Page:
Philosophy Lexicon of Arguments

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Rationalism, philosophy: rationalism is a collective term for theories that, in addition to the original question, which statements are true, take the demand for consistency as the starting point for their creation. Rationalist theories are, of course, more linguistic and logical than empirical approaches. In conflict situations, they may be more concerned about coherence than about correspondence. See also empiricism, verifiability, verificationism, coherence, coherence theory, inferentialism.

Annotation: The above characterizations of concepts are neither definitions nor exhausting presentations of problems related to them. Instead, they are intended to give a short introduction to the contributions below. – Lexicon of Arguments.

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Rationalism/Adorno: in the comparison with empiricism, it is essential that rationalism distinguishes the objectivity of reason from the inquiry into the possibility of knowledge.
XIII 148
Rationalism/Adorno: in him there is a different problem of mediation than in idealism. In rationalism as well as in empiricism, the moments of thought and experience are essentially antithetically opposed.
XIII 148
In other words, mediation, in contrast to idealism, means mediation between two opposites, between the world of the spatial and the world of the mental, simply between the body and the soul. The principles on the one hand of facts and on the other side of thought are simply thought to be independent of each other.
Therefore, rationalism assumes two substances,...
XIII 150
...the res cogitans, the thinking, and the res extensa, the extended.
Substances/rationalism/Descartes: he has attempted to explain the combination of these two substances with the assumption of an influxus physicus in the pineal gland.
Substances/rationalism/Spinoza: the latter has assumed, instead of the different substances res extensa and res cogitans, only one, which is called God or nature. It is said to have innumerable attributes, that is to say phenomena, of which only two, namely, thinking and extension, are to be known to us. Their unity in the concept of nature is supposed to guarantee their unity. Spinoza deduces this from the thesis that the order of ideas and the order of things are identical.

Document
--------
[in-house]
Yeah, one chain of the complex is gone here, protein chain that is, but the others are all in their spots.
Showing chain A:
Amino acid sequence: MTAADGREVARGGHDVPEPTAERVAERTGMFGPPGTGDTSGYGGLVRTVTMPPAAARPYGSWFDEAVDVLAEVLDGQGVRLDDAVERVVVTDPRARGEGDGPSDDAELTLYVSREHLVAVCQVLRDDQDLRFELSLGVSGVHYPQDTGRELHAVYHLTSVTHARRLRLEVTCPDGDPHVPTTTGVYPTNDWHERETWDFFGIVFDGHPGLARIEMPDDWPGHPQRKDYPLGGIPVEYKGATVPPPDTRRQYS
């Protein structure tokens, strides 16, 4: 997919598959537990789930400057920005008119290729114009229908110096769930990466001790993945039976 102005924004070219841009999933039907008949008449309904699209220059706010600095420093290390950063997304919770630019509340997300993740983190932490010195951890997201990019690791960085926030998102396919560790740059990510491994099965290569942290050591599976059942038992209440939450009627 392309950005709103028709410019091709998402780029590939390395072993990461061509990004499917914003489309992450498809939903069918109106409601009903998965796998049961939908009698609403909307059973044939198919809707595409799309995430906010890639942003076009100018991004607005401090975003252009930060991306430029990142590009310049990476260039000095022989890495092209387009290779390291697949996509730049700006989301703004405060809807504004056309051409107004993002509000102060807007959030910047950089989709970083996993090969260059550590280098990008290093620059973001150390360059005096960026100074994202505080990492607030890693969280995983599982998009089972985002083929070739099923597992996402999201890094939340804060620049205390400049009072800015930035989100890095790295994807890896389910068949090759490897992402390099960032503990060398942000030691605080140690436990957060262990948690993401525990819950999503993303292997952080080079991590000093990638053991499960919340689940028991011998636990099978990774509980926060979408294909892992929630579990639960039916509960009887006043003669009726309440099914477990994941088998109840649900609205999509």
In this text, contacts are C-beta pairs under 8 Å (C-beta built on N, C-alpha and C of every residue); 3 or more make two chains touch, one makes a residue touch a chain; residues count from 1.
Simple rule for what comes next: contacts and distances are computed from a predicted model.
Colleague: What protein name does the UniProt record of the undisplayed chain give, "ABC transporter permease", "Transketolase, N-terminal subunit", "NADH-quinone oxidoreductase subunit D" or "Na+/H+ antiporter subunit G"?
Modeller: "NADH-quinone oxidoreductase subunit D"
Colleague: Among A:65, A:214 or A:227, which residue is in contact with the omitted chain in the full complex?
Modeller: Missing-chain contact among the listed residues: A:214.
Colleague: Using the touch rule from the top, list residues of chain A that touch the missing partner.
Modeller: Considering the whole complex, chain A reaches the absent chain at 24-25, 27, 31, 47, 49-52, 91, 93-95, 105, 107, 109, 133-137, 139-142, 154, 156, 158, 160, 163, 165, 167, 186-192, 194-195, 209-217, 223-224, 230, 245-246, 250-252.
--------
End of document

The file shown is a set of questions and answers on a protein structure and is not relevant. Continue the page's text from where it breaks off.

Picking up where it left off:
XIII 151
Dualism/Substance/Mind/Body/Soul/Leibniz/Adorno: Leibniz tries to dissolve the dualism between res extensa and res cogitans by the infinitesimal calculus by setting a continuum that finally the dead matter proves to be a mere limit value of the body substance. At the same time, the thinking substance is already presented as a force center and already also as something individuated, as is the case with the concept of the monad.
XIII 153
Rationalism/Adorno: because it is based on reason and not on reason contents, it is essentially a method and not a theory of knowledge. On the other hand, it is always also metaphysics. His model of truth is always mathematics, which is certainly conceived as the organon of beings.
The rationalist thinkers are all characterized by the fact that in them moments of enlightenment connect with a certain traditionalist attitude towards theology. (> Pascal).

Explanation of symbols: Roman numerals indicate the source, arabic numerals indicate the page number. The corresponding books are indicated on the right hand side. ((s)…): Comment by the sender of the contribution.

Th. W. Adorno
Max Horkheimer
Dialektik der Aufklärung Frankfurt 1978

Theodor W. Adorno
Negative Dialektik Frankfurt/M. 2000

Theodor W. Adorno
Ästhetische Theorie Frankfurt/M. 1973

Theodor W. Adorno
Minima Moralia Frankfurt/M. 2003

Theodor W. Adorno
Philosophie der neuen Musik Frankfurt/M. 1995

Theodor W. Adorno
Gesammelte Schriften, Band 5: Zur Metakritik der Erkenntnistheorie. Drei Studien zu Hegel Frankfurt/M. 1071

Theodor W. Adorno
Noten zur Literatur (I–IV) Frankfurt/M. 2002

Theodor W. Adorno
Gesammelte Schriften in 20 Bänden: Band 2: Kierkegaard. Konstruktion des Ästhetischen Frankfurt/M. 2003

Theodor W. Adorno
Gesammelte Schriften in 20 Bänden: Band 8: Soziologische Schriften I Frankfurt/M. 2003

Theodor W. Adorno
Über Walter Benjamin Frankfurt/M. 1990

Theodor W. Adorno
Philosophische Terminologie Bd. 1 Frankfurt/M. 1973

Theodor W. Adorno
Philosophische Terminologie Bd. 2 Frankfurt/M. 1974

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Ed. Martin Schulz, access date 2018-03-20